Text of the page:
Game on in Melbourne

15/10/2019 - 12:06


Save articles for future reference.

The games industry’s major Australian showcase event was held in Melbourne recently.

Game on in Melbourne
Some of the brightest minds and biggest companies in gaming were at Melbourne International Games Week.

The games industry’s major Australian showcase event was held in Melbourne recently.

Melbourne International Games Week (MIGW) might be Australia’s biggest event that you’ve never heard of.

Last week, Melbourne’s convention centre taken over by the games industry for the annual event. While MIGW organisers haven’t calculated official numbers for this year, they say it surpassed last year’s 76,000-plus attendees and was the biggest event since it launched in 2012.

The week included industry focused events such as Game Connect Asia Pacific, a developer day for the 3D modelling engine Unity, and the consumer-oriented PAX Australia, which is so massive it takes over the entire convention centre.

Global brands

The games industry is expected to be valued at $US152 billion worldwide by the end of 2019, according to games and esports analytics and market research firm Newzoo. It’s an industry that includes some of the world’s biggest tech companies, such as: Sony (PlayStation and PS VR headset); HTC (Vive VR headset), Intel (which makes the chips used in many game devices); Microsoft (Xbox 360); and Nintendo, which makes nothing but video games and consoles.

WA made

PAX Australia also featured content made in Western Australia, including King Tut Studio’s ‘Little Bit Lost’, a game where you’ve been shrunk to the size of an insect and have to figure out how to survive, and Hungry Sky’s ‘Nekograms’, a puzzle game about sleeping cats.

WA-based podcasters Pixel Sift, who were recently awarded an Australian podcast award for games coverage, were there covering the event.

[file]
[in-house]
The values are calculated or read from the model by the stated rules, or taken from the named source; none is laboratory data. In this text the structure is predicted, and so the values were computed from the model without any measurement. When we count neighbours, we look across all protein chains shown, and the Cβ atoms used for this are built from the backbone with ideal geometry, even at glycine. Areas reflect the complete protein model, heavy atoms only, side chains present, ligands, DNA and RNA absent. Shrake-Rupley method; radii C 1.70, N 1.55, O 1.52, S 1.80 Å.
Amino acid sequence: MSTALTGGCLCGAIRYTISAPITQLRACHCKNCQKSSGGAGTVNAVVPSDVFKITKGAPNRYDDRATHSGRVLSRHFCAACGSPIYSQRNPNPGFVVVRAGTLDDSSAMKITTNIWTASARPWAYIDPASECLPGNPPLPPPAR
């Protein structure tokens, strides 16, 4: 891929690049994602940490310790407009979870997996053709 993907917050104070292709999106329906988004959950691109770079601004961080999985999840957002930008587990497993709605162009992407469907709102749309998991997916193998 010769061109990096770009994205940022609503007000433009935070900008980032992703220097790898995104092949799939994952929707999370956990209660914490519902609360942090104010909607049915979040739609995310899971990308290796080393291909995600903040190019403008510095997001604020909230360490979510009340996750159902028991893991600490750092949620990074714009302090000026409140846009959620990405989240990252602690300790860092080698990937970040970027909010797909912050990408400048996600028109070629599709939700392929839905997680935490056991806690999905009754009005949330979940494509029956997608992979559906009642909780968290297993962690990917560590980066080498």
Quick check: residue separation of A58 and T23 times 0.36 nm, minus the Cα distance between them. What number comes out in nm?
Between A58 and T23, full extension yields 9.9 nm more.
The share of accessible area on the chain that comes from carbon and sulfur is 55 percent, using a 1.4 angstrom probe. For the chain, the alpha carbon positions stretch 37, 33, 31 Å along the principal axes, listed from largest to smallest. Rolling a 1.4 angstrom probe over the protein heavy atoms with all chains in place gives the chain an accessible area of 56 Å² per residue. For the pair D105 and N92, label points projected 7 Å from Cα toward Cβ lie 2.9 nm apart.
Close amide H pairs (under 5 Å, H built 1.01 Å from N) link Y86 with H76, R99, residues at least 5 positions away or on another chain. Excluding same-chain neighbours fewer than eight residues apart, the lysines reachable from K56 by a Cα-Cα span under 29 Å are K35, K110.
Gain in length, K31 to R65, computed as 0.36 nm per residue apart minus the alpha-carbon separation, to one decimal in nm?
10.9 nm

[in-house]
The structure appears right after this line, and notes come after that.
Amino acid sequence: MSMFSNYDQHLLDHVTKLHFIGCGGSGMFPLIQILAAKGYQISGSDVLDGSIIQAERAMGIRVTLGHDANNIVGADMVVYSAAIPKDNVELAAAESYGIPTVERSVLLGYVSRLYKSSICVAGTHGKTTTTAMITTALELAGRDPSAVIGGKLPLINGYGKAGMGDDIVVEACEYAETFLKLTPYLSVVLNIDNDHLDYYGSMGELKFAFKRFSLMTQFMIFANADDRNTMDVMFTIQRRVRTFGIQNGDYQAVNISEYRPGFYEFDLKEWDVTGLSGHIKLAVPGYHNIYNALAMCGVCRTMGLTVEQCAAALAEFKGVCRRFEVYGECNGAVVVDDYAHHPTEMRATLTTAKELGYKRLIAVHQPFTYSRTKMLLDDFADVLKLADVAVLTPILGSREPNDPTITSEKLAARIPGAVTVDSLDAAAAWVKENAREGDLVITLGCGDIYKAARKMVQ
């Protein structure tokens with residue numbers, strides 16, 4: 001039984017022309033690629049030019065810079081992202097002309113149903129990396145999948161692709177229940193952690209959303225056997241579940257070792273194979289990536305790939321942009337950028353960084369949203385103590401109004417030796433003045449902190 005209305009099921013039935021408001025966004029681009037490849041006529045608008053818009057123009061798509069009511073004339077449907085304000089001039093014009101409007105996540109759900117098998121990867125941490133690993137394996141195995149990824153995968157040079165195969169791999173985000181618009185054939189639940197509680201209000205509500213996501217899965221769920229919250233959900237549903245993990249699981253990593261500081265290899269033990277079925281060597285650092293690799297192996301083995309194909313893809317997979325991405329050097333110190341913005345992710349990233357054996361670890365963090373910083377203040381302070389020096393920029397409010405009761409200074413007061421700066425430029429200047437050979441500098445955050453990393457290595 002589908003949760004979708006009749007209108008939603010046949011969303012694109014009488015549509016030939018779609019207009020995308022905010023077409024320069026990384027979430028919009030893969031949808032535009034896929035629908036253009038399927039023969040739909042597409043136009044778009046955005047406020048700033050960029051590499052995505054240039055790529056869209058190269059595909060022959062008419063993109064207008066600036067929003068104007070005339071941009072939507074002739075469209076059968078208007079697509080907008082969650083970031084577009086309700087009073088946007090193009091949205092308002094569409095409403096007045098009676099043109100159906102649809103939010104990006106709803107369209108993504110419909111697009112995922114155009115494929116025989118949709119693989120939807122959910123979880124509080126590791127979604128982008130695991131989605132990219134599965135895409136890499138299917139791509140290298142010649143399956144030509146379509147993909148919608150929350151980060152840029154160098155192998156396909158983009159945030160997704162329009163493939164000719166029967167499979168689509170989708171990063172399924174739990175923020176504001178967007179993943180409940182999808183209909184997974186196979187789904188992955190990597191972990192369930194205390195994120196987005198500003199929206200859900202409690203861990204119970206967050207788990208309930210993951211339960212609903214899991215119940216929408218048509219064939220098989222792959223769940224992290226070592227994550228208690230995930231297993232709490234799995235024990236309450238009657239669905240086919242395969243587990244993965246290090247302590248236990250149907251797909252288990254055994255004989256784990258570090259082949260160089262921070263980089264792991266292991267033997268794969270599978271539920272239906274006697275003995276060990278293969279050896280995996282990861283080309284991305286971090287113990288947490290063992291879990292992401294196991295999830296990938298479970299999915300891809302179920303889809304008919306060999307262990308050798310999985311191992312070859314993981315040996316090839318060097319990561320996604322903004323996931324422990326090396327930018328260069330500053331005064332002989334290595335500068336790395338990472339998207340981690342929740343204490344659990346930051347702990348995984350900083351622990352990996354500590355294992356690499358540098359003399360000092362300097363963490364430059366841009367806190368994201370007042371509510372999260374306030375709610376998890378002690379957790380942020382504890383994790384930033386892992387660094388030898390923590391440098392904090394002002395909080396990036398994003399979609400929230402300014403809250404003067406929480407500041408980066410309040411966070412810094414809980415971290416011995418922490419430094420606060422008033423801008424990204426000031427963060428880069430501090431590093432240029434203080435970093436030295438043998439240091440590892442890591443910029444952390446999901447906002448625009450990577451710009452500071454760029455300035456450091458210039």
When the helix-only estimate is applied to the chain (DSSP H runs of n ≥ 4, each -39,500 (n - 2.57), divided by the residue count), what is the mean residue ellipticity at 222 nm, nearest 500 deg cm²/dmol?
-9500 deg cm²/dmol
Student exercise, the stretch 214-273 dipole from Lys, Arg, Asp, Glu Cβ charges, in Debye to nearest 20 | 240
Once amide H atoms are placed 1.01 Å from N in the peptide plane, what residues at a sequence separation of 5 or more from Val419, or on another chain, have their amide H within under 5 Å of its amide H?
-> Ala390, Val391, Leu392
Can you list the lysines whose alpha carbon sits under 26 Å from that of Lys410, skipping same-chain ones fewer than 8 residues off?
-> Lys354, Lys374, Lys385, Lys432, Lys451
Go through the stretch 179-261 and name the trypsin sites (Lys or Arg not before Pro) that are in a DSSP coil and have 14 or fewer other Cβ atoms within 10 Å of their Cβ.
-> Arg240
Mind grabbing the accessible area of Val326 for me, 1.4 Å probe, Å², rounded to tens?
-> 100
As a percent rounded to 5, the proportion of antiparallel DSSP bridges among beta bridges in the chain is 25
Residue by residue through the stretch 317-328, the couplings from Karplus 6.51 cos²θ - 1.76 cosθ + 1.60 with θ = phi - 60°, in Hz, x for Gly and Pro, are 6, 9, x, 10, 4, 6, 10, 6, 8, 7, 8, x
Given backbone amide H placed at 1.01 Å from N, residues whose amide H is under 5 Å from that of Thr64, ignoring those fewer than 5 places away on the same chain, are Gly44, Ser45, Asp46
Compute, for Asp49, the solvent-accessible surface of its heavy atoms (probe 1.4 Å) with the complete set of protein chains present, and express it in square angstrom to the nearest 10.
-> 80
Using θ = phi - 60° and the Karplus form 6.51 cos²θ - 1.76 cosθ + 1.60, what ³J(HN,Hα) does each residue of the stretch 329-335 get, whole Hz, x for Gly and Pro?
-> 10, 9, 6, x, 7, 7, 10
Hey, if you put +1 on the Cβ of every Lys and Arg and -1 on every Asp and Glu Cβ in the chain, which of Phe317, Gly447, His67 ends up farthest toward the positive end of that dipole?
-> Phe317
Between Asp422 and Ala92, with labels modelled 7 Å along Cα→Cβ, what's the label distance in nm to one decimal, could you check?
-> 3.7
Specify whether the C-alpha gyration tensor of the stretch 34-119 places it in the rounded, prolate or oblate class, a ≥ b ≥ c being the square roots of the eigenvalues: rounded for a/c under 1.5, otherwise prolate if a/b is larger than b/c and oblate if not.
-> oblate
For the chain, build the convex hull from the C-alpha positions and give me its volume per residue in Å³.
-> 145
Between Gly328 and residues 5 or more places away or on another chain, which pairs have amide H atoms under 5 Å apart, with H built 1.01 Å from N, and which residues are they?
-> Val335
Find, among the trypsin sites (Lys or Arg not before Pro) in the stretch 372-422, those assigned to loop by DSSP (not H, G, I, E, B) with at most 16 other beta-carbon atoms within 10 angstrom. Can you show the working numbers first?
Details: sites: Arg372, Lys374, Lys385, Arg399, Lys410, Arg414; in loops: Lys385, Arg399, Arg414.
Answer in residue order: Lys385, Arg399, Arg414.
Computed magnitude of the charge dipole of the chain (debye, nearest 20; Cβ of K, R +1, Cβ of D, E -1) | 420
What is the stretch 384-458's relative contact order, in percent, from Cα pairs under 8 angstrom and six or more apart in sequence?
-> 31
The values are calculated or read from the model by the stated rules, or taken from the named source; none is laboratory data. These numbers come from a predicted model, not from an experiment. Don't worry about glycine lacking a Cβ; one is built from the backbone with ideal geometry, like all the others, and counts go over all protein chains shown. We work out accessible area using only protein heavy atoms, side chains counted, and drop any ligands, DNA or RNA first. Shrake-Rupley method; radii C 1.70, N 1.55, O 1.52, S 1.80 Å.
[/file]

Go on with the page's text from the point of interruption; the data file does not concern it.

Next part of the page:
Apple Arcade

This year’s MIGW also featured a rare appearance by Apple, which hosted a lounge featuring its new Apple Arcade platform for Apple devices, including Apple TV. The service, which launched mid-September, uses a subscription model with exclusive, highly curated content. It’s being called Netflix for games.

One of the first games to be featured on the Apple Arcade is ‘Mini Motorways’, created by Wellington-based Dinosaur Polo Club. The game, an addictive road-building puzzle game, is also being featured at this year’s PAX Australia.

Dinosaur Polo Club studio director and co-founder Robert Curry said he was really happy so far with the new model for developing and distributing high-quality paid games in a really cluttered marketplace like the App Store.

“Paid games on the App Store are having less and less of an impact,” Mr Curry said. “Recent big releases haven’t done as well as people have hoped.”

Paid games sit in contrast to free to play games, which base their revenue on in-app purchases rather than charging up front.

New revenue model

A key theme raised during the week for smaller, independent developers was how the subscription model can resolve issues around long-term financial sustainability.

“We were getting a bit nervous about the game market anyway, because we’ve got a team of 10,” Mr Curry said.

The current model is one where studios are largely responsible for funding the development of their games upfront, which means they also take on a lot of risk. If a game fails or doesn’t sell as well as expected, it can mean the end of a smaller studio.

But models like the Apple Arcade can de-risk game development because it means studios get paid upfront for development costs while also sharing revenue after the game launches.

It’s also clearly lucrative for Apple, which is reportedly putting $US500 million into the development of new games exclusively for its platform. It’s again similar to the Netflix model, which funds the development of Netflix-only content to drive subscriptions.

So far the model seems to be working, according to Mr Curry.

“We have been looking at expanding anyway,” he said. “Just because of [Apple] Arcade we’ll be expanding a lot faster and a lot more.”

More mainstream

The continual growth of MIGW, especially PAX Australia, underscores the importance for business in understanding game culture and games as the media of our age.

For example, gamers want playfulness, humour, interactivity and experiences when they engage with brands – all things that are key parts of PAX Australia. Gamers and young people more generally are also moving away from mass social media platforms like Facebook and towards more closed, private spaces like Discord (which also started out as a niche service for gamers).

So if you’re curious about this massive cultural force, MIGW will run again in 2020 in Melbourne. You should come.


Subscription Options